The Rich at Play
A Manhattan-based rep chose Spain's Costa del Sol for vacation last summer, not just for the weather, but also for the well-off vacationers that play there. “You go where the affluent are, do what the affluent do,” he says. While his dream of landing a European Internet titan or a Saudi sheik didn't pan out, he met many rich Americans in his nightly forays to Pangia, a branch of the hot Manhattan club. “I exchanged business cards with a lot of people, and one contact, a wealthy U.S. entrepreneur with a sizable stock portfolio, looks like it might pan out,” he says.
Be warned, however: If you do pursue the rich and famous through social endeavors, retain a professional distance. Peter Bacanovic didn't. The former Merrill Lynch broker who moved through swank Manhattan circles became close friends with Martha Stewart and former ImClone CEO Sam Waksal. Now Bacanovic could face charges in the investigation of Stewart's sales of ImClone stock ahead of a negative FDA announcement about the company's cancer drug, Erbitux.
And be patient. “Part of the problem is that brokers expect results immediately,” says Lynn Mathre, an independent financial advisor in Houston. “My largest client took almost three years of contact, though it was subtle — meeting up at charitable events or connecting through business acquaintances,” she says. Mathre joined the planned giving committee of the Houston Grand Opera, which, she says, “puts me in front of a lot of potential clients.” She is also spending more money on tickets to the opera, rodeo, sporting events and other entertainment, to court new clients and retain existing ones.
Steve Sanduski, a principal at Omaha-based Peak Productions, a consultant in financial marketing, calls it “love-affair marketing.” His advice: “Try to work with people who have the same passions and interests as you do. It all makes your clients feel so wonderful and special about you and what you do for them that they want to reciprocate over and over again by providing you with referrals just like themselves.”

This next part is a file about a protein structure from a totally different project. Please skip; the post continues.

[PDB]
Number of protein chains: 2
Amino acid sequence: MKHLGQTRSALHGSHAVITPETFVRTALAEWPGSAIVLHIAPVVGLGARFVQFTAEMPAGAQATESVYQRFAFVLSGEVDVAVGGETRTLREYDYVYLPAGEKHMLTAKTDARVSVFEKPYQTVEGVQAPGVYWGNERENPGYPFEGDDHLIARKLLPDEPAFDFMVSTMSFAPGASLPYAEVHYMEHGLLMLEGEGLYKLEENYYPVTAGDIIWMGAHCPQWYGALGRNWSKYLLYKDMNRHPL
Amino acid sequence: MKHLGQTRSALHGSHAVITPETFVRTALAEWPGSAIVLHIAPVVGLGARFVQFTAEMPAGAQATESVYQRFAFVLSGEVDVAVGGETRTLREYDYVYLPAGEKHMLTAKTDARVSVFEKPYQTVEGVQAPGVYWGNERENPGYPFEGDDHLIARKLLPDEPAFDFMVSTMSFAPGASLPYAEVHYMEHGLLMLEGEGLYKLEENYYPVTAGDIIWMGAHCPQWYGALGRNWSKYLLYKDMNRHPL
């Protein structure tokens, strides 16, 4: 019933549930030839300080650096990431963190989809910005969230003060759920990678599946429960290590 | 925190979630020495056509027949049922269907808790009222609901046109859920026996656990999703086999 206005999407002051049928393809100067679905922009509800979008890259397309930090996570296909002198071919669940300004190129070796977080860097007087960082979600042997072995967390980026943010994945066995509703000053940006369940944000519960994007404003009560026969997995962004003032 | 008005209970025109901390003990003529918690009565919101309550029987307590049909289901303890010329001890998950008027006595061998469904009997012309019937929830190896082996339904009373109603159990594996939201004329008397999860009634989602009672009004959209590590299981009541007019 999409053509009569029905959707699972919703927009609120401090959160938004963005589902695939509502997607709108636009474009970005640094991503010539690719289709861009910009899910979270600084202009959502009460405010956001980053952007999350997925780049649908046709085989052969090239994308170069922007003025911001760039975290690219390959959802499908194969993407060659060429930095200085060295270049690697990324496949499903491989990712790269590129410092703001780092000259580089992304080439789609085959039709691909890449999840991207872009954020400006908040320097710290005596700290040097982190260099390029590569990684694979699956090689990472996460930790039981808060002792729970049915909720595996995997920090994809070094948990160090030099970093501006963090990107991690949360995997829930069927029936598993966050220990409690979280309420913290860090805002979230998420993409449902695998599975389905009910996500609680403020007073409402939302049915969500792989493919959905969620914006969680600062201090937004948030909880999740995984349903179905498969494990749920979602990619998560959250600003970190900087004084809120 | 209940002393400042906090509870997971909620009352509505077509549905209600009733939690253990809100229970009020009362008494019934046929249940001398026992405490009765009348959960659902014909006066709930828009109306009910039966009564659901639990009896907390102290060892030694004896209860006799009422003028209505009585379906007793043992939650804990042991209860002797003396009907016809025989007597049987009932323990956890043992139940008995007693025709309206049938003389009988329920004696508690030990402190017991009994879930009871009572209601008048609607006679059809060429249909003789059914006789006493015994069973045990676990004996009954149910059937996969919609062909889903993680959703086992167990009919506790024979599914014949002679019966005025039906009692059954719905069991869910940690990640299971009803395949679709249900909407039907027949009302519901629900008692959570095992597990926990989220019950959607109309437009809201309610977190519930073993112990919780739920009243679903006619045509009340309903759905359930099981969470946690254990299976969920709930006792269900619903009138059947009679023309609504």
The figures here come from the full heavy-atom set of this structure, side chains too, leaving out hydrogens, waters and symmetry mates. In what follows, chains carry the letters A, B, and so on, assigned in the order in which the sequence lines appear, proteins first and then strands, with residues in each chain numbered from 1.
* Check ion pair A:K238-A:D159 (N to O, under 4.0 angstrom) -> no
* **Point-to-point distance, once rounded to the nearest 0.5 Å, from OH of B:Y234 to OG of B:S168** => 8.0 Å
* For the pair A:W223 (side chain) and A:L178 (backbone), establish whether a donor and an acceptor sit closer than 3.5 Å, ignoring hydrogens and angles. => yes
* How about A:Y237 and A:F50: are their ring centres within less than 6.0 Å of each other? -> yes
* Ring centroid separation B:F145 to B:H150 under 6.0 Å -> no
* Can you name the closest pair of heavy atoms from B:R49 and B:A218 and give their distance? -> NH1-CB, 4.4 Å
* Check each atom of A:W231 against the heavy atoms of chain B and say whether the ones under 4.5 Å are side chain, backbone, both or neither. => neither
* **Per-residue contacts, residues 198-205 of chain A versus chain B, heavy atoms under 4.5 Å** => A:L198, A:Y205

Do Well By Doing Good
Nothing attracts wealthy citizens better than charities and cultural organizations. Thomas Van Dyck, a San Francisco-based managing director of philanthropic and social investment consulting at U.S. Bancorp Piper Jaffray, volunteers for causes he personally finds worthwhile. His clients — entrepreneurs, wealthy heirs and even celebrities — expect their broker to be active in their favorite social causes.
“My clients want the world to be a better place, and want to be working with someone who hopes to help solve today's problems in creative ways.” Is that prospecting? “Doing the work I'm here to do, yeah, that's a way to bring in new business,” he says.
Van Dyck, who manages a group of four brokers overseeing $500 million, is on the board of Earthrights International, which pushes for human rights, environmental causes and greater corporate and government accountability. Other brokers in his group sit on nonprofit boards serving the homeless and supporting AIDS sufferers and gay rights. Does all of this translate into more than a 60-hour workweek for the brokers? “Yes,” he says, “but it's part of who we are, what we do.”
Steve Booren, a Colorado-based rep who manages some $250 million in assets, takes a different path. “I tell our clients that instead of sending them a fruitcake over the holidays, I'll make a donation to the homeless or sponsor families for Thanksgiving or Christmas in their name,” he says. “I don't spend money on client appreciation events or marketing. I, and my clients by extension, would rather contribute than eat rubber chicken at the Marriott.”